Texas v. Prichard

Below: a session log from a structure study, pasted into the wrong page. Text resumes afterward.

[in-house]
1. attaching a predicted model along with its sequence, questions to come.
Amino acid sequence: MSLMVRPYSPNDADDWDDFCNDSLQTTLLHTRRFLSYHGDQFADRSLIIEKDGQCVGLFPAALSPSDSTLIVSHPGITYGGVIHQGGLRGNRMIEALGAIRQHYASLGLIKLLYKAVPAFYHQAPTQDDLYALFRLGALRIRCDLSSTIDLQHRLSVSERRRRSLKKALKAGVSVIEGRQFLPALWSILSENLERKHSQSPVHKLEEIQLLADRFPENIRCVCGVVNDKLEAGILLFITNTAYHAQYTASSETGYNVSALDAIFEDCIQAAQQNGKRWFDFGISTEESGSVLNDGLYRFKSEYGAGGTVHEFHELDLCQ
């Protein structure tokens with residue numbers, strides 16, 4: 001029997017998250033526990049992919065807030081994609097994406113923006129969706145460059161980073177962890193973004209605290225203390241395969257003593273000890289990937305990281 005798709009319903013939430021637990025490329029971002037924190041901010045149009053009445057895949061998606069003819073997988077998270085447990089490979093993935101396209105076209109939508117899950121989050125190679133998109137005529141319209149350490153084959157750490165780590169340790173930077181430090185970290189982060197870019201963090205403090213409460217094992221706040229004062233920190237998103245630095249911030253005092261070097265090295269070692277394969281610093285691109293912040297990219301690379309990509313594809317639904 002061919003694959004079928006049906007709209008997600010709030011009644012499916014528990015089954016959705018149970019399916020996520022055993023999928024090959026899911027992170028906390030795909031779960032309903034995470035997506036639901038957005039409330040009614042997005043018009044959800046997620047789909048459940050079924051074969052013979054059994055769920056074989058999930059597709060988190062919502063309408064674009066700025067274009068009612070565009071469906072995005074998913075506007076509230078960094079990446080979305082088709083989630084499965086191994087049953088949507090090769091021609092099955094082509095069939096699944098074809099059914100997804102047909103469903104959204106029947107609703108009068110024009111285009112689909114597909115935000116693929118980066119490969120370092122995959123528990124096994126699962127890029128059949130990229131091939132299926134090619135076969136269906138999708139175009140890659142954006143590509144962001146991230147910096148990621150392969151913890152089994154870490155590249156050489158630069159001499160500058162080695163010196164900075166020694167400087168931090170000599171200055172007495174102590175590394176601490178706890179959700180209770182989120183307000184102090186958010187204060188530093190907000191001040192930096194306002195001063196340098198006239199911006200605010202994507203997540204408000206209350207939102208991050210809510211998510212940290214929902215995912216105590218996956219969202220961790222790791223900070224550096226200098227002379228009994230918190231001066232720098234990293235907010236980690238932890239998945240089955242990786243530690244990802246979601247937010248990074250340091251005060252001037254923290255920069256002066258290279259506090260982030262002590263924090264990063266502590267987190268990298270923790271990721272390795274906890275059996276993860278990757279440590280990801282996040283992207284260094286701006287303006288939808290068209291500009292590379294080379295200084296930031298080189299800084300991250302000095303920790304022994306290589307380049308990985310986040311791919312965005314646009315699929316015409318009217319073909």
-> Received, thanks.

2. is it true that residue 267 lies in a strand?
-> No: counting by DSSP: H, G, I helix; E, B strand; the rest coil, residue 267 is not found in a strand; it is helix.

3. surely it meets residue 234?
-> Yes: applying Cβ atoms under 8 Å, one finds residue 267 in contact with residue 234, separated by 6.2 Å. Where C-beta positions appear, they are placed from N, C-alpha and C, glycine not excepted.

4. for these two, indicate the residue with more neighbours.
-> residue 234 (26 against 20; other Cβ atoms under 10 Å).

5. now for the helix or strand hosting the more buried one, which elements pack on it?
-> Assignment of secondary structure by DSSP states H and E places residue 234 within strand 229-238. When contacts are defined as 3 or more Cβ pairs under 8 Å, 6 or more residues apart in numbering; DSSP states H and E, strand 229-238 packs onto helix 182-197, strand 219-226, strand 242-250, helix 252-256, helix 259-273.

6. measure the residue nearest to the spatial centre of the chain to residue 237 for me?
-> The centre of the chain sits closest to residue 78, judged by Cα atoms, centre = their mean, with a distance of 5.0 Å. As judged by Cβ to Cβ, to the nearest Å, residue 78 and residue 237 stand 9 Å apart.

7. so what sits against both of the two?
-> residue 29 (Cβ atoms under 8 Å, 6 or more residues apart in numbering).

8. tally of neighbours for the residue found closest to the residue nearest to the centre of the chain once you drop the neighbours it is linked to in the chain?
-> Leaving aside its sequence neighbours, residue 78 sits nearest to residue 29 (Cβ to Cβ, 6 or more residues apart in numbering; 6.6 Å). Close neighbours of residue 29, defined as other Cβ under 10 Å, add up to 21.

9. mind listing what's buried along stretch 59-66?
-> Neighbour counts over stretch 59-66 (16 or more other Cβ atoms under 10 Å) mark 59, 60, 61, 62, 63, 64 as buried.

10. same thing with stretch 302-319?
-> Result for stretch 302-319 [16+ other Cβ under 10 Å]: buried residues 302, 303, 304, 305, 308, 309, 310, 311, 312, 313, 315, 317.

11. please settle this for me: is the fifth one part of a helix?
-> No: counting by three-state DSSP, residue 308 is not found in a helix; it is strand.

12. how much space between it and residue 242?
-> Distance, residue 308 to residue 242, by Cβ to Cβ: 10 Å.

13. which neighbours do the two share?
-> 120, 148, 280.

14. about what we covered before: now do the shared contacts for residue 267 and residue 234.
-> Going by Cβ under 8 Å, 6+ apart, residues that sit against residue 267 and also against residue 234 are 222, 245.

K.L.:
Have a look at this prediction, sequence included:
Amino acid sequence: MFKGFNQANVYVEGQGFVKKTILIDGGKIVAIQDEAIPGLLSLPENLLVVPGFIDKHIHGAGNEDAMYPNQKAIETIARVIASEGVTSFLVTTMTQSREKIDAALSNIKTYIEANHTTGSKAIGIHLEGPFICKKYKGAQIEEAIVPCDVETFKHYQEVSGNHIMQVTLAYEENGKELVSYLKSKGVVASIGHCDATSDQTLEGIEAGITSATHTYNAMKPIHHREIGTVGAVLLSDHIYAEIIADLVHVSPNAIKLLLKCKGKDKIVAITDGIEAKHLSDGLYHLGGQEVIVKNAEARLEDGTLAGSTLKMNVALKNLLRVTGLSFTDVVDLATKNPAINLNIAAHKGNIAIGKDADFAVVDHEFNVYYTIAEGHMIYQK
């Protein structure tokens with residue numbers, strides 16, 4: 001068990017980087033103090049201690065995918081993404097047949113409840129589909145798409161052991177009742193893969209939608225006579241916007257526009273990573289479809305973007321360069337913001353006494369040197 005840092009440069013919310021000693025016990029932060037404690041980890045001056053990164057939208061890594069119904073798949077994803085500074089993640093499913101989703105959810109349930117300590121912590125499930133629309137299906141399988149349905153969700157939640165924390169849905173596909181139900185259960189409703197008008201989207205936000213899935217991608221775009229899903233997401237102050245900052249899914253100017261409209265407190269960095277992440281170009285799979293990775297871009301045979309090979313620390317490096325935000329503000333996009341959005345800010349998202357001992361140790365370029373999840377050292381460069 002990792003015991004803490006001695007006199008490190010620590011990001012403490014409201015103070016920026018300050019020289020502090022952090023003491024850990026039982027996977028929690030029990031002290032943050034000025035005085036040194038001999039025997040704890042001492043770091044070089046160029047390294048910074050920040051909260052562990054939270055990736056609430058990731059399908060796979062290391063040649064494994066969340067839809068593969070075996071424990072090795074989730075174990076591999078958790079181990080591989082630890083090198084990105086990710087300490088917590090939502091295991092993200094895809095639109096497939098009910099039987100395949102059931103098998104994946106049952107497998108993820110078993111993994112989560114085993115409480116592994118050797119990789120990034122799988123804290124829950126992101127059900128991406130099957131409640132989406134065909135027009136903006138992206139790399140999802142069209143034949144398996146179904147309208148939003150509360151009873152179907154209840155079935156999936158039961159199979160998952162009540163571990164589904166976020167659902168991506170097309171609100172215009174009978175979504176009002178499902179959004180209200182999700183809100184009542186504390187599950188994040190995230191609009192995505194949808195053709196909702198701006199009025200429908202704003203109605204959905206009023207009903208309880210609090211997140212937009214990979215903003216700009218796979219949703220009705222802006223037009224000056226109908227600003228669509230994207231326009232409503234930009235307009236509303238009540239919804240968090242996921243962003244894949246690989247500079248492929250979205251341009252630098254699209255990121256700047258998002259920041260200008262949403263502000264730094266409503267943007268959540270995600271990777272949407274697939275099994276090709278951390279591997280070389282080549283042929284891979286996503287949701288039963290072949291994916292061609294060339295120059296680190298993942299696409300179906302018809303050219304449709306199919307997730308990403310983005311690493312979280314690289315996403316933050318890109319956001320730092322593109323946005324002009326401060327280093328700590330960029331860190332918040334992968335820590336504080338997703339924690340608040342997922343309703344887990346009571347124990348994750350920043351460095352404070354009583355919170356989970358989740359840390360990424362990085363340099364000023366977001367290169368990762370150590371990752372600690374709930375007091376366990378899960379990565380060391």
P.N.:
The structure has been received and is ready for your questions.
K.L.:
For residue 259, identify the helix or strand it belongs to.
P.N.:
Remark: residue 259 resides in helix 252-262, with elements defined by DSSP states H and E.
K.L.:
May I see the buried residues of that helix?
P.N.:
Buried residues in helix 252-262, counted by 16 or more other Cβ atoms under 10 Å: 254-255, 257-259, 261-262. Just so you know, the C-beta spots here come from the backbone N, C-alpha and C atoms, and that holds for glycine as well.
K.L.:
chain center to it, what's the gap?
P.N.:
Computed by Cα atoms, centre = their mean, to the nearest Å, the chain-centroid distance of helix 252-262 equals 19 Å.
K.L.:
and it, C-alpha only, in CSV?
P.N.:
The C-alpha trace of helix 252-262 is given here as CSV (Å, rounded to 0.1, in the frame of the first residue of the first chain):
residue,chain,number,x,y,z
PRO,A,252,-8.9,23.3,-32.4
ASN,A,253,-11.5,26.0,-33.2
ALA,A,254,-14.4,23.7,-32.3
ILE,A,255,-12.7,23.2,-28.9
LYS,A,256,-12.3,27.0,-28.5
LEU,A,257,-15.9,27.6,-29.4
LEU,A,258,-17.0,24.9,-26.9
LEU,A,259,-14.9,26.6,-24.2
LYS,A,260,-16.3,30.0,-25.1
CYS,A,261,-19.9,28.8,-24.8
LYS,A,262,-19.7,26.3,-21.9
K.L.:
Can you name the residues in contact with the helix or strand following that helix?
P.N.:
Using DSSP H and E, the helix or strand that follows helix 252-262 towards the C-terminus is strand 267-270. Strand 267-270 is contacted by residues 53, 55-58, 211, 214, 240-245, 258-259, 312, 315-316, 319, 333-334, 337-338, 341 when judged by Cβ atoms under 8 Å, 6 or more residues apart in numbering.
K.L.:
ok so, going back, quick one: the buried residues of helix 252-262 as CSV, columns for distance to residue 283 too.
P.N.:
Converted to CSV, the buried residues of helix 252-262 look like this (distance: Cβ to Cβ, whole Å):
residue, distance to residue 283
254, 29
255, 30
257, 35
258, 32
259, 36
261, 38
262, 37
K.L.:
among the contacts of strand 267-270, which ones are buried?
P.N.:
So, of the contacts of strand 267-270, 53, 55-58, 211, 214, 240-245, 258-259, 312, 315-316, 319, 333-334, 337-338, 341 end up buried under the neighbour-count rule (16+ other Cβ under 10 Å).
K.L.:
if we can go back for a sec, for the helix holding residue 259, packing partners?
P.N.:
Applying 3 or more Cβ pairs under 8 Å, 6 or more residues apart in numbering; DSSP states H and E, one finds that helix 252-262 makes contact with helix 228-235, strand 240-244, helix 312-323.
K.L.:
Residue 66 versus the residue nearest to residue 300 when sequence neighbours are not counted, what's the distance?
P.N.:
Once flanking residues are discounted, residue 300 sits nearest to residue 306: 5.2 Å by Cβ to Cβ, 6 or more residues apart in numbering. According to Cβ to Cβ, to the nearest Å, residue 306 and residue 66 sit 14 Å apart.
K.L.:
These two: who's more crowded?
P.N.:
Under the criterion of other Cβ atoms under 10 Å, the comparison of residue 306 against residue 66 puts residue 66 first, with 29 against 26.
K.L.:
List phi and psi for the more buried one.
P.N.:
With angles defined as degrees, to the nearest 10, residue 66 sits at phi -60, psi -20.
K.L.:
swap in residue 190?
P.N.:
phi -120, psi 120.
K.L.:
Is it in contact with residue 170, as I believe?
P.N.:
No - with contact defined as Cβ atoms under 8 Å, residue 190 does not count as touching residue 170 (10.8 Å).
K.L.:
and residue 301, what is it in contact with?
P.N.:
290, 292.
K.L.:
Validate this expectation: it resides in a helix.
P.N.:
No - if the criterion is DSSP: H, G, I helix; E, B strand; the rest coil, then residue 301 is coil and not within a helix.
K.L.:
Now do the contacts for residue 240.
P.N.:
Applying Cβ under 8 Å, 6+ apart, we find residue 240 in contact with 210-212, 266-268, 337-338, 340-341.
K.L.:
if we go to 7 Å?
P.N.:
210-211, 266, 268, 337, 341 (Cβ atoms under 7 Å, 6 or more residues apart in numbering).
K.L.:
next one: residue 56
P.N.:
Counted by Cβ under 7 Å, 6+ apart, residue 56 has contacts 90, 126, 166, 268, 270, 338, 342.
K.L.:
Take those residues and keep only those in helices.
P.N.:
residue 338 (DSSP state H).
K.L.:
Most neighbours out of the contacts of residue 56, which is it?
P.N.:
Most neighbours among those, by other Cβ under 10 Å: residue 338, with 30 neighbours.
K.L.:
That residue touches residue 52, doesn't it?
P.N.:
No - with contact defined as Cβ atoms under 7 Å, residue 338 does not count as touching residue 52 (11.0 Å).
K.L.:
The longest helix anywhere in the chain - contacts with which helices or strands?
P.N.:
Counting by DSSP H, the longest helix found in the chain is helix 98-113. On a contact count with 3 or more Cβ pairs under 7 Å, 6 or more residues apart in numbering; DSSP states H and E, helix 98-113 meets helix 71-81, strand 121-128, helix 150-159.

While purportedly disciplining his pet dog, appellant Robert Prichard killed her by repeatedly hitting her head with a shovel and then drowning her in a swimming pool. He was indicted for the state-jail felony of cruelty to a non-livestock animal. In his petition for discretionary review, appellant argued that a deadly weapon finding was improper when the only thing injured or killed as a result of a defendant’s criminal conduct was an animal rather than a human. Rejecting that argument, the court of appeals upheld a deadly weapon finding in this case in which appellant was convicted of animal cruelty and the deadly force was directed only against a dog. The Court of Criminal Appeals concluded that the language of the deadly weapon statute was ambiguous with respect to whether a deadly weapon finding may be made for weapons used or exhibited against nonhumans, and thus, the Court considered extra-textual factors to discern the Legislature’s intent as to this matter. The Court thus determined that an analysis of those factors supported its determination that a deadly weapon finding may be made for human victims only. Therefore, the judgment of the court of appeals was reversed. View "Texas v. Prichard" on Justia Law